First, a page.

The nonstop debate over the constitutionality of the Patient Protection and Affordable Care Act has regrettably drawn attention away from the Supreme Court’s 6–3 decision in United States v. Alvarez, which struck down the 2005 Stolen Valor Act (SVA) on First Amendment grounds. The operative provision of that statute reads:
FALSE CLAIMS ABOUT RECEIPT OF MILITARY DECORATIONS OR MEDALS. — Whoever falsely represents himself or herself, verbally or in writing, to have been awarded any decoration or medal authorized by Congress for the Armed Forces of the United States . . . shall be fined under this title, imprisoned not more than six months, or both.
The statute increases the maximum penalty for the offense to one year when the misrepresentation applies to the Congressional Medal of Honor.
The great flaw in our current First Amendment jurisprudence starts from its false premise that lies are really not that bad after all. Here, the Court became emboldened to strike down the SVA, which rests on a powerful intellectual pedigree.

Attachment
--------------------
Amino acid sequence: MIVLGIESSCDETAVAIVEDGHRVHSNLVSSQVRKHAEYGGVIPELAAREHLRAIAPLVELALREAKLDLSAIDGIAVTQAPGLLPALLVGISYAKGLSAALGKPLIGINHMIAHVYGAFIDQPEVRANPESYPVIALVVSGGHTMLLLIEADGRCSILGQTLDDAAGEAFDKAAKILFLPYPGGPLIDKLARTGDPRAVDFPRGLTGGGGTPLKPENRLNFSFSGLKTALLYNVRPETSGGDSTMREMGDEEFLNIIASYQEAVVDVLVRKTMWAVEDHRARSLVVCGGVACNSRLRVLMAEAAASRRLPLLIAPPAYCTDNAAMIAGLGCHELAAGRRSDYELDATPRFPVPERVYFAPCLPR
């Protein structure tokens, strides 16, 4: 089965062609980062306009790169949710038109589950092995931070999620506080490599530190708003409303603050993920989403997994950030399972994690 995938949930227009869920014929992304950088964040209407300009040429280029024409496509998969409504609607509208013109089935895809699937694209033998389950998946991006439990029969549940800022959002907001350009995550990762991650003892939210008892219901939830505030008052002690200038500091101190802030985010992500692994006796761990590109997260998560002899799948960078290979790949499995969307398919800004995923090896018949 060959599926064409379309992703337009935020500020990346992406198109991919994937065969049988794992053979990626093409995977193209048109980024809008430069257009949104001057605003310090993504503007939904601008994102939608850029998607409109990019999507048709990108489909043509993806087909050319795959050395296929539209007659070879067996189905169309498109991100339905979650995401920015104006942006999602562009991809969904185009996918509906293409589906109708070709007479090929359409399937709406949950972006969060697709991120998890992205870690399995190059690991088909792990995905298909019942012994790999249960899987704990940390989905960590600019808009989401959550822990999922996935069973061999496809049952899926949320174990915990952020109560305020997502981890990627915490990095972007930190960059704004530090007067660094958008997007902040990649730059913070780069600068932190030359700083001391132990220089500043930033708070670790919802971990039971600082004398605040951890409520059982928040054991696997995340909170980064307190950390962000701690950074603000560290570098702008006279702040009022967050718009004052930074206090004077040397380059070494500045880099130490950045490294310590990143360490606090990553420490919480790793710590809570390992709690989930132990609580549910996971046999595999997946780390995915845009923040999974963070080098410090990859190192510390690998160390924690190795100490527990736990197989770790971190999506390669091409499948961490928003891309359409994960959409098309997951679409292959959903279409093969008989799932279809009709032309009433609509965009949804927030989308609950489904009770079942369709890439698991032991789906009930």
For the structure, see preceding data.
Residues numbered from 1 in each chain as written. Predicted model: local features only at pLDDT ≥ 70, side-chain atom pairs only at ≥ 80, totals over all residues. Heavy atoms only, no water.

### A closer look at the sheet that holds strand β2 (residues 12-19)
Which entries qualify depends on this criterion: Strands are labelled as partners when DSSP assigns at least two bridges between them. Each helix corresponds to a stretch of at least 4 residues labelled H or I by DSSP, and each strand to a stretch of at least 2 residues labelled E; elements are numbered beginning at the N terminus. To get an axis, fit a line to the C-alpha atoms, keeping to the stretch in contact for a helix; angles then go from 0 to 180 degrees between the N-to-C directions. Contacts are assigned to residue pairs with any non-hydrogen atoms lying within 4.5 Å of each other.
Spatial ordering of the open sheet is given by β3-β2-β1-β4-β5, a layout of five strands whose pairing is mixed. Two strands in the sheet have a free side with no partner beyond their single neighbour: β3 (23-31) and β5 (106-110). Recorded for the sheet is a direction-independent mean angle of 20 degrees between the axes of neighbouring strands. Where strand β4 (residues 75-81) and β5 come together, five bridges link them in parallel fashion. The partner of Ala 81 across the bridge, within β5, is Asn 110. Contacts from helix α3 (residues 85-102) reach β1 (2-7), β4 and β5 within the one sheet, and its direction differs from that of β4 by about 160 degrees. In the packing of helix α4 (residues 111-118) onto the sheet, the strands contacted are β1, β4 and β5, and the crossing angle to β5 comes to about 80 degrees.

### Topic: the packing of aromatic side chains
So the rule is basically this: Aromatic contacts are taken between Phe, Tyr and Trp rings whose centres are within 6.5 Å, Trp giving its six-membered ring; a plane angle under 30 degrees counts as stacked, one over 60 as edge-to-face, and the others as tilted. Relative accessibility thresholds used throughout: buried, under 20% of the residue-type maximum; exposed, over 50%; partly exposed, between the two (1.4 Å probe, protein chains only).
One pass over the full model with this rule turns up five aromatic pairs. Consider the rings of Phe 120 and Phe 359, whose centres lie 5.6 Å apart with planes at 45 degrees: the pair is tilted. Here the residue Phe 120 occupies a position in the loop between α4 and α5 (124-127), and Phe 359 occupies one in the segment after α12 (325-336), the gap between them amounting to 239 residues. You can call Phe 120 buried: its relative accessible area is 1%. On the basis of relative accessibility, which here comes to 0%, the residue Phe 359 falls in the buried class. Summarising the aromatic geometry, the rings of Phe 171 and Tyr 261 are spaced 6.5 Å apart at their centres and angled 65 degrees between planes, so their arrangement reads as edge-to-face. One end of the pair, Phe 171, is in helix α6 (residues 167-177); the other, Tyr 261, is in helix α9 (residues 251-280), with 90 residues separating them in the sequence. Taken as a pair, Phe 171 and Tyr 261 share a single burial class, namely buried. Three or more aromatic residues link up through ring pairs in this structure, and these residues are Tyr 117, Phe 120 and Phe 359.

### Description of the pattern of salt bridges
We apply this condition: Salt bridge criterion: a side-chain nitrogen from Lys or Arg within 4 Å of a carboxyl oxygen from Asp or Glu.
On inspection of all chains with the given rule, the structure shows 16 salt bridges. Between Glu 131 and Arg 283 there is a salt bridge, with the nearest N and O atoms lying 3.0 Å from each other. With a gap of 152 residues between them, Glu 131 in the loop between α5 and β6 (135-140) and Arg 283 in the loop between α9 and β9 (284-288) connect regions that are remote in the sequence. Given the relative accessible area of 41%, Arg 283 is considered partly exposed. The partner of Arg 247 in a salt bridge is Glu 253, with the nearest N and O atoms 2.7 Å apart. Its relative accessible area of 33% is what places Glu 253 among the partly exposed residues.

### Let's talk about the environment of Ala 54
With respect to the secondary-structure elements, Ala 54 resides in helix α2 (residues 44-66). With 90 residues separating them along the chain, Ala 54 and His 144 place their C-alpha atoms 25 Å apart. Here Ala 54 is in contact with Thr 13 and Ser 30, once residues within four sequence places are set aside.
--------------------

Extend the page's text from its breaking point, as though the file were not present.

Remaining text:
The truth is, the Court’s constitutional jurisprudence has become increasingly incoherent. The root of the current constitutional malaise—which I have written about here and here—stems from the complete dissociation of constitutional law from ordinary theories of personal responsibility as developed by the common law. Hence, we find ourselves in an unhappy position. The government today is unable to cope with certain forms of admitted fraud. At the same time, it is not required to honor its most basic commercial and business imperatives, as its recent ruling on special assessments inArmour v. Indianapolis demonstrated. You cannot get results that bad by accident. It takes a deeply misguided constitutional worldview to get there—a worldview that is all too often practiced by a majority of the justices on the Supreme Court of the United States.
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